Let anyone dumb enough to invest in them burn in the fires of their own ignorance. If you regulate it, it will lend legitimacy to it, and the next time it crashes people will be calling for a government bailout to save them from their own mistakes.

  4. Ian 55

    "What's the worst that could happen?"

    Given that cryptocurrency is a never ending series of people finding that out, it's apt that this hasn't gone so well either.

  5. Flocke Kroes Silver badge

    Countering symptoms rather than the cause

    The problem is many people are ignorant enough to fall for Ponzi schemes. If some magical law were created that prevented fools from being separated from their money by this scheme then a new scheme would be created. There are two solutions: I propose teaching critical thinking in schools to reduce the quantity of fools. A more politically and religiously acceptable solution is to ban education so fools do not have money in the first place.

    1. lglethal Silver badge
      Headmaster

      Re: Countering symptoms rather than the cause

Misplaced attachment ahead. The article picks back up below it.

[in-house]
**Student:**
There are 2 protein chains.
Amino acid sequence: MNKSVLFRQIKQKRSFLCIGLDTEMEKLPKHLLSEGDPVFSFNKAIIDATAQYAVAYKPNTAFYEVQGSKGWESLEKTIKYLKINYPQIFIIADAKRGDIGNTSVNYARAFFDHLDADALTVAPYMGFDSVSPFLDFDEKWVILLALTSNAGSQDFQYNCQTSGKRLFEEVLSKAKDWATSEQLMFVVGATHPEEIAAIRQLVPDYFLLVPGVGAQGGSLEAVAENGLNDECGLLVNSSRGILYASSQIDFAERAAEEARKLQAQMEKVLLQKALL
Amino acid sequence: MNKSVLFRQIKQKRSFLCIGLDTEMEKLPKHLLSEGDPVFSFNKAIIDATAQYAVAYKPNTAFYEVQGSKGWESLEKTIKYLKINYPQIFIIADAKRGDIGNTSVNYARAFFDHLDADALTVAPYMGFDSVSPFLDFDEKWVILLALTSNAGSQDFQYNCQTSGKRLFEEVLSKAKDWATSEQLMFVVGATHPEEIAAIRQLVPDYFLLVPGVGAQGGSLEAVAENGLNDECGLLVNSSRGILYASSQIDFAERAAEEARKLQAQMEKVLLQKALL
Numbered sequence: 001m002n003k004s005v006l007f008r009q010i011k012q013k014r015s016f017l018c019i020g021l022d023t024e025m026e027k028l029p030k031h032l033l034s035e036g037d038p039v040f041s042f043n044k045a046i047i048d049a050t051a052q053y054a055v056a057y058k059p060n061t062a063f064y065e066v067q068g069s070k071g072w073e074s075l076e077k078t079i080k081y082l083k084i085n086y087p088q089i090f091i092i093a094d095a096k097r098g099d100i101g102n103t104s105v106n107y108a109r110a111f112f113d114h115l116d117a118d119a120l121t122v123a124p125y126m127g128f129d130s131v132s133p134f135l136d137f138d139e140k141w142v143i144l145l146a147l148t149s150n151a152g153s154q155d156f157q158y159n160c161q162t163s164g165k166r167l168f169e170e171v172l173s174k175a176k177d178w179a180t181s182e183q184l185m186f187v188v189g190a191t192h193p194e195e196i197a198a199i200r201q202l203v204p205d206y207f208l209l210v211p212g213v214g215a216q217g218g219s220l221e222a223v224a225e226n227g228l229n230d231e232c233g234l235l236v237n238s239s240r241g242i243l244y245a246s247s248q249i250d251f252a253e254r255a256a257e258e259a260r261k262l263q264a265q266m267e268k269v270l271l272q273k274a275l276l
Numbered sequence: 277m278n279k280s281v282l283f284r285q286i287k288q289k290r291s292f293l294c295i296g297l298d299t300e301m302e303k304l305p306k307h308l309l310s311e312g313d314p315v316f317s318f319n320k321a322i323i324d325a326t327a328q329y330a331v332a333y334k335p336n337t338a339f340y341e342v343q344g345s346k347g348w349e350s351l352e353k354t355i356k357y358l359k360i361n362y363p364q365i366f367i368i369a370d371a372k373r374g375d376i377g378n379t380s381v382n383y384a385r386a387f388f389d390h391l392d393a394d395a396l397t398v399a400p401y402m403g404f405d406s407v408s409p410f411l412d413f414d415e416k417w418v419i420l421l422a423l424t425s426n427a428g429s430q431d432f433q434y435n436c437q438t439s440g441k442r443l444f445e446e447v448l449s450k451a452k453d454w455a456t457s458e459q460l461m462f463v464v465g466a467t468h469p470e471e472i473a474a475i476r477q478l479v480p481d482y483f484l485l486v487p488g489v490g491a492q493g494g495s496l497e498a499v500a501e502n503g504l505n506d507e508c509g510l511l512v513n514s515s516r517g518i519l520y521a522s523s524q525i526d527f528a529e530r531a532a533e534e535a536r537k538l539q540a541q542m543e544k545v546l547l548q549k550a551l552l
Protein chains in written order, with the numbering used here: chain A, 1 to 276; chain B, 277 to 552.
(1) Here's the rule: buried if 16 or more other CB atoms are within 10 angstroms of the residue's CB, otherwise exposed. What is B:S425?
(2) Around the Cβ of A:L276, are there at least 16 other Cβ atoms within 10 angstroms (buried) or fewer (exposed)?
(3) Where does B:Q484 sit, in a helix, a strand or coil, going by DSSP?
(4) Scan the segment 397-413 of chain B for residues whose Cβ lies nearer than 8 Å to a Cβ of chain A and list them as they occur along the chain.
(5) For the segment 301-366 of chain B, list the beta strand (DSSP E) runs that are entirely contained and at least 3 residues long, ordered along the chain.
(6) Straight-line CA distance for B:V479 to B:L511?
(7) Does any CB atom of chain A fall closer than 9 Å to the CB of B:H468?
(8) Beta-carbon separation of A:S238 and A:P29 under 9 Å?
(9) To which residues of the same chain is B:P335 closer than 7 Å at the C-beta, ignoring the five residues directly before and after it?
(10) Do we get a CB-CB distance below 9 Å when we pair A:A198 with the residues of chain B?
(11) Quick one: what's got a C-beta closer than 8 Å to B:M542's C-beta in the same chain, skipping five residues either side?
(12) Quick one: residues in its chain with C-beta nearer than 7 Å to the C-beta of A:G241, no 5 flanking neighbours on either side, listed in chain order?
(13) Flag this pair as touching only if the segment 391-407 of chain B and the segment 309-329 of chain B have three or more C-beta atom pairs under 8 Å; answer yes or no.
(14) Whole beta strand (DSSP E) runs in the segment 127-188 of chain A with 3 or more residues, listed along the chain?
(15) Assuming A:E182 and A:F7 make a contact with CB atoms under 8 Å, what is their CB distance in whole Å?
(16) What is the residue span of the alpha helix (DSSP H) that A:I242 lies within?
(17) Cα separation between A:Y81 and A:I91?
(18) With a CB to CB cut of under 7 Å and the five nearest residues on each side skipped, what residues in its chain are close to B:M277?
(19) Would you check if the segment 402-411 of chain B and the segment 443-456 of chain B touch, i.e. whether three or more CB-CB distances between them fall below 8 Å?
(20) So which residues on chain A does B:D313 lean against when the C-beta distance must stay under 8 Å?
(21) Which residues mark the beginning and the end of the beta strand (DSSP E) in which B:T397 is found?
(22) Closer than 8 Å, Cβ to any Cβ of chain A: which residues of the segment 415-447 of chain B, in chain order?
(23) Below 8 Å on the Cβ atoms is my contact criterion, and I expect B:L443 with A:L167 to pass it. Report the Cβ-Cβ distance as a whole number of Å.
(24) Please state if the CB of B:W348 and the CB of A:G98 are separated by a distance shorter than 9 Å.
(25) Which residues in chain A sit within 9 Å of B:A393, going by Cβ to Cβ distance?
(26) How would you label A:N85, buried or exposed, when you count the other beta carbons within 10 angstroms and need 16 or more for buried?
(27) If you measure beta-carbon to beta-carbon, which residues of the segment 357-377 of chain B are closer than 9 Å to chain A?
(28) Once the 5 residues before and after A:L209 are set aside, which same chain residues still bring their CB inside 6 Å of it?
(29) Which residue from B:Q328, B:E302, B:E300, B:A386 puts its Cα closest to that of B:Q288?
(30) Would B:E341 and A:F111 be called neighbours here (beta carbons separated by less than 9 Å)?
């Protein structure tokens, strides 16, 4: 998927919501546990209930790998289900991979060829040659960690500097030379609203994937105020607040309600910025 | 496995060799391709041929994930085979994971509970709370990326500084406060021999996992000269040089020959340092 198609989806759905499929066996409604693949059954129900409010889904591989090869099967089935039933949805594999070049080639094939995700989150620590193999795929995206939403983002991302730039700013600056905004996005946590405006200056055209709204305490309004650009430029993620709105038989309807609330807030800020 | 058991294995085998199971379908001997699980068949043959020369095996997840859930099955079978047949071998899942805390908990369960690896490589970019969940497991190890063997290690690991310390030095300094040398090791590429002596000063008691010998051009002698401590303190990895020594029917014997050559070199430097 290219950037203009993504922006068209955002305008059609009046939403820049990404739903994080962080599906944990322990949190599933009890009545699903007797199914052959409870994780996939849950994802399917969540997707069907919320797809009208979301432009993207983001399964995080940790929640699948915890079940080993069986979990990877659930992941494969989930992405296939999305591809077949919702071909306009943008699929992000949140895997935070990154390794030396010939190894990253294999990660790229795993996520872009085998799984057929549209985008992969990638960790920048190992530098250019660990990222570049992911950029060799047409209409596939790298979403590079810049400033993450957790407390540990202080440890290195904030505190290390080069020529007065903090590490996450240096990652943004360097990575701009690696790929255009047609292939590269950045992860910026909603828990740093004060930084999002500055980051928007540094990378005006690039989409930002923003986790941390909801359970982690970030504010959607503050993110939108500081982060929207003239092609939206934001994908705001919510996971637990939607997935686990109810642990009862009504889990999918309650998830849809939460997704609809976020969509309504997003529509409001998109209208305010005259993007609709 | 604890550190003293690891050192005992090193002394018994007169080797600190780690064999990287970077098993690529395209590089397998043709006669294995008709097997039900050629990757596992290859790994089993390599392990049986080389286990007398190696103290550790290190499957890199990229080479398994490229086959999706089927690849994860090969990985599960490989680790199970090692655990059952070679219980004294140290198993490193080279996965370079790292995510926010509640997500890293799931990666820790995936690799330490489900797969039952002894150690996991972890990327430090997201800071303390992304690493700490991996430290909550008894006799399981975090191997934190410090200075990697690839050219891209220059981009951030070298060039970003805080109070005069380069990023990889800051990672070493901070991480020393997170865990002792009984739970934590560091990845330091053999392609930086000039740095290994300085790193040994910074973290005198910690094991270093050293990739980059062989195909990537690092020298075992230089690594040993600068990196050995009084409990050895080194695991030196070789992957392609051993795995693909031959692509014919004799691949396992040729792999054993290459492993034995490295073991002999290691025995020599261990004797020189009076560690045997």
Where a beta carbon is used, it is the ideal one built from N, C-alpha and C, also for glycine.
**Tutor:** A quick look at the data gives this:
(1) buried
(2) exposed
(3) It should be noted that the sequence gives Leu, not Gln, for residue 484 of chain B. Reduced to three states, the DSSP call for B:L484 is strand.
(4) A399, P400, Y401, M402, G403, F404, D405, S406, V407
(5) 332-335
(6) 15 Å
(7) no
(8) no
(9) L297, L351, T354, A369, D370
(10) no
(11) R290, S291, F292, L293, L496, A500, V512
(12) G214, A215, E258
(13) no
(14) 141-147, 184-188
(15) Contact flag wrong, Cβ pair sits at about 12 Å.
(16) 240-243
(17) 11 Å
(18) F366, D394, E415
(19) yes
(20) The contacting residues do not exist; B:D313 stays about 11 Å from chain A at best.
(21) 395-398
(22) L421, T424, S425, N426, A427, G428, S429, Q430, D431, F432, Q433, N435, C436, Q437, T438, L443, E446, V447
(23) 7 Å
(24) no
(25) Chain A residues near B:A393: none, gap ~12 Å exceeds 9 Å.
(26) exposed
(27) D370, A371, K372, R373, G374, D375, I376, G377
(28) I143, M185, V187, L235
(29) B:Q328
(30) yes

But if critical thinking was taught in schools, people might stop voting blindly for team Blue or team Red, and that might actually start holding politicians to account for their lies.

      We can't have that now, can we?

      1. EricB123 Bronze badge

        Re: Countering symptoms rather than the cause

        I say let it rot.

    2. Pascal Monett Silver badge
      Coat

      Re: Countering symptoms rather than the cause

      Now, now. Don't go give Trump any ideas like that.

    3. Jou (Mxyzptlk) Silver badge

      Re: Countering symptoms rather than the cause

      They are taught "The Pledge of Allegiance of the United States" every day from their first school day.

      And if you don't comply they will call the "school police officer" since you are a "disturbance", and you, as a six year old kid, are put into solitary confinement. I.e. you are forced to be in a different room for detention, forced to sit at a table which is build so you cannot see any other pupil in that room, and being verbally tortured by a "teacher" in the best Full Metal Jacket style, and write whatever the teach says. That Simpsons thing Bart does in every opening is not a joke, though he doesn't have to sit at those solitary confinement tables.